Wednesday, July 26, 2006

Participatory design, or the road to hell is paved with good intentions

American Women: Partners in Research (1960)

"It begins like this: basic research develops new materials to cope with the space age we're living in...Now the problem is this: Now that we have the material, what products can be made better than ever by using it? And more important still, how can industry be sure that what it makes are the things that people really want?

It starts with men: designers, engineers, production men. First they determine what things can be made better [and it] seems there is no doubt there is a need for good percolators. But it's also an established fact that 3 out of 4 new household products just don't sell. Or to put it another way, the women of America will not buy 3 out of 4 new products offered to them for their homes because they aren't what women want. That's the basic problem and that's the reason for this new partnership in research with women.

So first, the design department works out some preliminary shapes. And good as these designers are, they know that women have minds of their own. They've learned to seek the help of the American housewife. Now let's go on to the next step in design, and see how American women show one company what they want before it's offered for sale..."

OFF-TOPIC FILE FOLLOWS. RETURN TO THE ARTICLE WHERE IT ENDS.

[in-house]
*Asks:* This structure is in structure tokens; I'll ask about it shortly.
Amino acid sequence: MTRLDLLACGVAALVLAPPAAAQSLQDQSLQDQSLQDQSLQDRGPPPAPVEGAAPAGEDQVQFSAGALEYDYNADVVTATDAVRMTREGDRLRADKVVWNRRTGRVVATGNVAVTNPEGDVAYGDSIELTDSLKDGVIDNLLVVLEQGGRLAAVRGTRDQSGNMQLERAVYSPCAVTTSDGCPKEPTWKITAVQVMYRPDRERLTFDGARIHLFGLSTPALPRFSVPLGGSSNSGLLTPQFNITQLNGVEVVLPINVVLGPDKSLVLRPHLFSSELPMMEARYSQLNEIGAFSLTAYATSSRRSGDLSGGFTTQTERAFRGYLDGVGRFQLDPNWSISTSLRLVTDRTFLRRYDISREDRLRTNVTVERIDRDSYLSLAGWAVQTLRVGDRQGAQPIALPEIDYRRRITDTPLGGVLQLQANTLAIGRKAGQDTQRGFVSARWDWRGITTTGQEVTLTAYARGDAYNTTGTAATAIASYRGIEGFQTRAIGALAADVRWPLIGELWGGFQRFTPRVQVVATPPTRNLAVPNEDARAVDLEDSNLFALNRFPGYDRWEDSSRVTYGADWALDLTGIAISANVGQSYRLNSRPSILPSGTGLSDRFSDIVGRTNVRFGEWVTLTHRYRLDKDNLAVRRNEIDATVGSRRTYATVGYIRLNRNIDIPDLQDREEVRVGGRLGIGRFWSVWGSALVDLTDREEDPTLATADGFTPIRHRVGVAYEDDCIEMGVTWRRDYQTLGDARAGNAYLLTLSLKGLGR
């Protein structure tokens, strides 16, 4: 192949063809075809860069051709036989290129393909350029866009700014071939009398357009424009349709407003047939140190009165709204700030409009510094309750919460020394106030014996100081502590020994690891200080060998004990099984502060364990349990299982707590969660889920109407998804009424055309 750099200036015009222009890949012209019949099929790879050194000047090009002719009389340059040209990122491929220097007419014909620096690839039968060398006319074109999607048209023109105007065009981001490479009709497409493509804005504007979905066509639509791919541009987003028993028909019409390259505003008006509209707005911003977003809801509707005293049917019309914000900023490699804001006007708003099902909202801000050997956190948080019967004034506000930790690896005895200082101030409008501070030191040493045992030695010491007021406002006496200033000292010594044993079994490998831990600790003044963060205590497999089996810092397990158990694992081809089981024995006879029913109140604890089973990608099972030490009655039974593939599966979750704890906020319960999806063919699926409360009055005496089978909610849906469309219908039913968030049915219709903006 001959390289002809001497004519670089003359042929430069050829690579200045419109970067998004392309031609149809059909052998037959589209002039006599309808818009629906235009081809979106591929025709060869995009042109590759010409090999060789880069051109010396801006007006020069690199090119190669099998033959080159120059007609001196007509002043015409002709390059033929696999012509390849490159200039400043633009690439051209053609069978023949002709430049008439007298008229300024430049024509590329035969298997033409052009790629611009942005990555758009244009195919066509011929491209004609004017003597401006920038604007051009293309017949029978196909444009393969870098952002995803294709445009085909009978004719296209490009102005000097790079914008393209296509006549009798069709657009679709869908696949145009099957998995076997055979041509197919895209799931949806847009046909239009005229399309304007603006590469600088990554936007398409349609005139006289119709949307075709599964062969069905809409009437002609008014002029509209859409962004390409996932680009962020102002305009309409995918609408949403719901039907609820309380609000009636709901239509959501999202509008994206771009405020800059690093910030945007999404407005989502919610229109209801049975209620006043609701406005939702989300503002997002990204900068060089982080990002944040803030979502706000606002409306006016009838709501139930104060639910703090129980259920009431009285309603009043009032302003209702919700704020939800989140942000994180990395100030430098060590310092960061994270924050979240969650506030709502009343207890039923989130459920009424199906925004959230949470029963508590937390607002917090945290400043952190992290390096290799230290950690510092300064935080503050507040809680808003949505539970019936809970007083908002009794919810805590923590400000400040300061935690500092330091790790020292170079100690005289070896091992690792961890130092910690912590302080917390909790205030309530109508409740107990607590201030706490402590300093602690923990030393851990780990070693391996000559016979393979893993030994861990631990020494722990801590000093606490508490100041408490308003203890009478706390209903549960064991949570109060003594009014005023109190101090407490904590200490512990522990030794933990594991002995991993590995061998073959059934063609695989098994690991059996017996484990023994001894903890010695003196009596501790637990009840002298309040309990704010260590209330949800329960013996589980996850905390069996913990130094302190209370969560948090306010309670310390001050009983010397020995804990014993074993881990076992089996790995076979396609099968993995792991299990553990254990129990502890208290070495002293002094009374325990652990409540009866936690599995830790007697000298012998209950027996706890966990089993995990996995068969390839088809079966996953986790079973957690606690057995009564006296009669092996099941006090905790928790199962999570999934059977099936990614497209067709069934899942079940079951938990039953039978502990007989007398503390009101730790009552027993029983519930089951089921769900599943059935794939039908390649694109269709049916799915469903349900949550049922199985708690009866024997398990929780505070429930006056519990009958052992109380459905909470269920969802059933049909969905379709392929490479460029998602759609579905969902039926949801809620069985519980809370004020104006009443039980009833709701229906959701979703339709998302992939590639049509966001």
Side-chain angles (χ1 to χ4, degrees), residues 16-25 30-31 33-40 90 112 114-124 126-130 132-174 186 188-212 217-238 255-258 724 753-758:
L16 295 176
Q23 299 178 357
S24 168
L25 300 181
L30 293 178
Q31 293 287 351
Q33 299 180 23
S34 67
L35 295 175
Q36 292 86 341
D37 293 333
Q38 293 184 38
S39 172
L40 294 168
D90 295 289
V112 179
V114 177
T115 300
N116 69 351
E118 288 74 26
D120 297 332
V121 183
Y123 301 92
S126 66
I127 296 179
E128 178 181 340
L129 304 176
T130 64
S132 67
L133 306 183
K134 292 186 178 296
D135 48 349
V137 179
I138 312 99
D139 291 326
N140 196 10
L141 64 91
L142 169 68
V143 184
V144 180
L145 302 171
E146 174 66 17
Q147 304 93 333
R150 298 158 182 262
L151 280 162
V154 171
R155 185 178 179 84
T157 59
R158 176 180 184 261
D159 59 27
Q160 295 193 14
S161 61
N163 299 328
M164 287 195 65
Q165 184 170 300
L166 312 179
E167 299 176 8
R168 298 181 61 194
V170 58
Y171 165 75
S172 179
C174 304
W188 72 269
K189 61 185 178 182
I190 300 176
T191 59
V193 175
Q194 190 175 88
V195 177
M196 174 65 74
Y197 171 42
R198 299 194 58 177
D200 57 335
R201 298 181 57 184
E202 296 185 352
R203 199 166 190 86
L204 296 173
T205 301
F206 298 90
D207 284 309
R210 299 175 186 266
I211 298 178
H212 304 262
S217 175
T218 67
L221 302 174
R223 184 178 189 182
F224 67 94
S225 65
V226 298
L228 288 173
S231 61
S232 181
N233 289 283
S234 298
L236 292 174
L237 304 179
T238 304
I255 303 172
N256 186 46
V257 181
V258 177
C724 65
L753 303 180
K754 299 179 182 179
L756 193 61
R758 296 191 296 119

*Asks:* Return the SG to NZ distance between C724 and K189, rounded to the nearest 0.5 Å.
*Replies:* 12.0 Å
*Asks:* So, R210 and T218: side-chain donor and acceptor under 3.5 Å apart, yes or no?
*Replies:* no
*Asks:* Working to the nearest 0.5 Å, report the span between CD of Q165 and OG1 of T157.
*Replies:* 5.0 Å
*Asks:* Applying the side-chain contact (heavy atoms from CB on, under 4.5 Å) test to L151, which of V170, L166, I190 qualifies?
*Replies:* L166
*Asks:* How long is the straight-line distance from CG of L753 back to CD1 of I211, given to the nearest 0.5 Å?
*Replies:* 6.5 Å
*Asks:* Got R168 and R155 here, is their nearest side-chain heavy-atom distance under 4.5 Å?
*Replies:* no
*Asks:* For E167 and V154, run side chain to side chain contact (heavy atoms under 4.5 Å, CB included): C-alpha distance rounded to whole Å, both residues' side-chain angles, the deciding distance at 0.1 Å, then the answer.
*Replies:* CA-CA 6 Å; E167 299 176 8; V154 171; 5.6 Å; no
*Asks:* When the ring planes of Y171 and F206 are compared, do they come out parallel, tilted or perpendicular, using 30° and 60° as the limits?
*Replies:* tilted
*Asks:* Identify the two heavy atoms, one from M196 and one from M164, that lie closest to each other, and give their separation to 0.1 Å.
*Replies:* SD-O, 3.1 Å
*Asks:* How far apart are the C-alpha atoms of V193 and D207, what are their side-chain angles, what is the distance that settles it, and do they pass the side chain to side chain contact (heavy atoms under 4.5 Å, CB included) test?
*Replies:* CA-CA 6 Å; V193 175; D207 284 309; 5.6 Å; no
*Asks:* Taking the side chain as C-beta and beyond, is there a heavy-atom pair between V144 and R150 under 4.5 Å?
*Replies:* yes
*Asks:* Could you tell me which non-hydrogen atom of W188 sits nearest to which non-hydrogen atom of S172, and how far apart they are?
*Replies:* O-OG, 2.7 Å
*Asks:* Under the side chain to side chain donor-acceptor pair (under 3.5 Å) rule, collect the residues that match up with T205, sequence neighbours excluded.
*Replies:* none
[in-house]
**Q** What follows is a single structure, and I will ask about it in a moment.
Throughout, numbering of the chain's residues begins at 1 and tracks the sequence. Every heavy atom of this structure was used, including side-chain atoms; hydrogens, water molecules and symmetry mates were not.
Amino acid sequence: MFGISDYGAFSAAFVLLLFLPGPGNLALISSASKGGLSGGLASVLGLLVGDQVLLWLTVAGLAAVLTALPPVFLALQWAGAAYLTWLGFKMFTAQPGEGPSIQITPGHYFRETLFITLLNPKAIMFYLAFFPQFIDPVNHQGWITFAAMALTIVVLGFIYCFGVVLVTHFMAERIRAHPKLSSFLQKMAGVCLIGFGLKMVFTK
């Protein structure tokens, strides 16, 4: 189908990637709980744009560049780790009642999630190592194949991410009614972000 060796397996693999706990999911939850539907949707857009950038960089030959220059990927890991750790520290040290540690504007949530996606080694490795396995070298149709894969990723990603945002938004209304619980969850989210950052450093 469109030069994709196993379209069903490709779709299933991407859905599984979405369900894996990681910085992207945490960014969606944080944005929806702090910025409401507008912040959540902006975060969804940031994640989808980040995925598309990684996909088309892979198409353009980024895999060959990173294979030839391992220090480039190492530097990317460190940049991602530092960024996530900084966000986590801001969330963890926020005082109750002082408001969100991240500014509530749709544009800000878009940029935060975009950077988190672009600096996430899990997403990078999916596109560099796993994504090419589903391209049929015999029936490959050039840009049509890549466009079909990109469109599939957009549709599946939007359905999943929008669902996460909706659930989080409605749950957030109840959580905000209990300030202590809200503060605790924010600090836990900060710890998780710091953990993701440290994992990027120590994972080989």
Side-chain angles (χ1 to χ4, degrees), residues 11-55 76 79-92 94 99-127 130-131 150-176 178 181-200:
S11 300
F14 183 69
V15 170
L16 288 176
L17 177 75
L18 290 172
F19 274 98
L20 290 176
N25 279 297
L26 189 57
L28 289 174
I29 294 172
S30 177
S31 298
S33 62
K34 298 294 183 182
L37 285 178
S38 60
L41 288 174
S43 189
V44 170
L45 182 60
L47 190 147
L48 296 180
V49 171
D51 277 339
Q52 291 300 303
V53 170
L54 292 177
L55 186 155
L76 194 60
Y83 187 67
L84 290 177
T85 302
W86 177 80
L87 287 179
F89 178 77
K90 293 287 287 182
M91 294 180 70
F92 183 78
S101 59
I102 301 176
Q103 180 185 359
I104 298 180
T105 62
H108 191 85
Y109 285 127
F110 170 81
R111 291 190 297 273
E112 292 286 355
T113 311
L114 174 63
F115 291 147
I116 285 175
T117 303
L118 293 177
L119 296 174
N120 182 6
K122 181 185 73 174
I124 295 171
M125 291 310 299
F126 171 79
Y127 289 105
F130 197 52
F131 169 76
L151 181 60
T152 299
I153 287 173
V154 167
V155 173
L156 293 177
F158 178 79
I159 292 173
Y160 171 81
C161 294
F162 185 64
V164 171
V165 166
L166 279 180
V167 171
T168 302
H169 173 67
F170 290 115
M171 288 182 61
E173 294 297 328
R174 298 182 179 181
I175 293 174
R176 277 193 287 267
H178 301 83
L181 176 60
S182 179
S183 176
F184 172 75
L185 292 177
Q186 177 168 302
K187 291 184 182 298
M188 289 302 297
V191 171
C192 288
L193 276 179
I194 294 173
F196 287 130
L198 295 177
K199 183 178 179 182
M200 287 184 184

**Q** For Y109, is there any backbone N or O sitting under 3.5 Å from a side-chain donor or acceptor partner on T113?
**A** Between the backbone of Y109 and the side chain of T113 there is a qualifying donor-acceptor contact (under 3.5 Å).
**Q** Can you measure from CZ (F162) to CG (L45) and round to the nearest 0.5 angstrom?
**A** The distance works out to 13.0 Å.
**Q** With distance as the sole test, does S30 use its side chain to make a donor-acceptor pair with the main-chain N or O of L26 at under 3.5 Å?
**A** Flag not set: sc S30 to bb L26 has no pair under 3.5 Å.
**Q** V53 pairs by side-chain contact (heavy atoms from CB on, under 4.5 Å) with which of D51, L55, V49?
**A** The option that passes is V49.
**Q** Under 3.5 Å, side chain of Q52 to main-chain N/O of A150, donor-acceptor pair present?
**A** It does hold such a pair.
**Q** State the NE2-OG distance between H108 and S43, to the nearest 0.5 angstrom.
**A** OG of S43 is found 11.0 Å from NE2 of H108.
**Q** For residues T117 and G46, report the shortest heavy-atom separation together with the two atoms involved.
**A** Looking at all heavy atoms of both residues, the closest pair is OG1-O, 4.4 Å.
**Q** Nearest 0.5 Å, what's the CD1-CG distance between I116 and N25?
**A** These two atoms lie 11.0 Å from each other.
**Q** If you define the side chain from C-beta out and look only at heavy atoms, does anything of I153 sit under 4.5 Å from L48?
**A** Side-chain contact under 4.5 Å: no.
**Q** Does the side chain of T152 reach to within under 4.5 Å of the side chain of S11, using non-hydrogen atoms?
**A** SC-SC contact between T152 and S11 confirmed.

Well worth watching in its entirety, this video outlines Corning's approach to product research and design in 1960. Its oh-so-dated take on gender roles makes it easy to dismiss, but how much has really changed when it comes to how we imagine the relationship between designers and the people who use their designs? What are the relationships between design research and market research today? And what will today's strategies look like 45 or 50 years from now?

See also:
BusinessWeek: Ruthless Focus on the Customer

2 Comments:

Blogger Phil said...

And good as these designers are, they know that women have minds of their own. They've learned to seek the help of the American housewife.

Don't overlook the saving irony of that first line: it reads to me very much as if the writer's evoking an already-outdated attitude so as to position himself on the side of enlightenment, in the confident (and probably mostly justified) expectation that most women hearing him would simply agree.

Which strengthens your point, of course. Take out the boy/girl stuff and it sounds like something from the cutting edge of digital design...

to put it another way, users won't adopt 3 out of 4 new tools offered to them because they aren't what users want. That's the basic problem and that's the reason for this new partnership in research with users

21:49  
Anonymous anne said...

word!

04:54  

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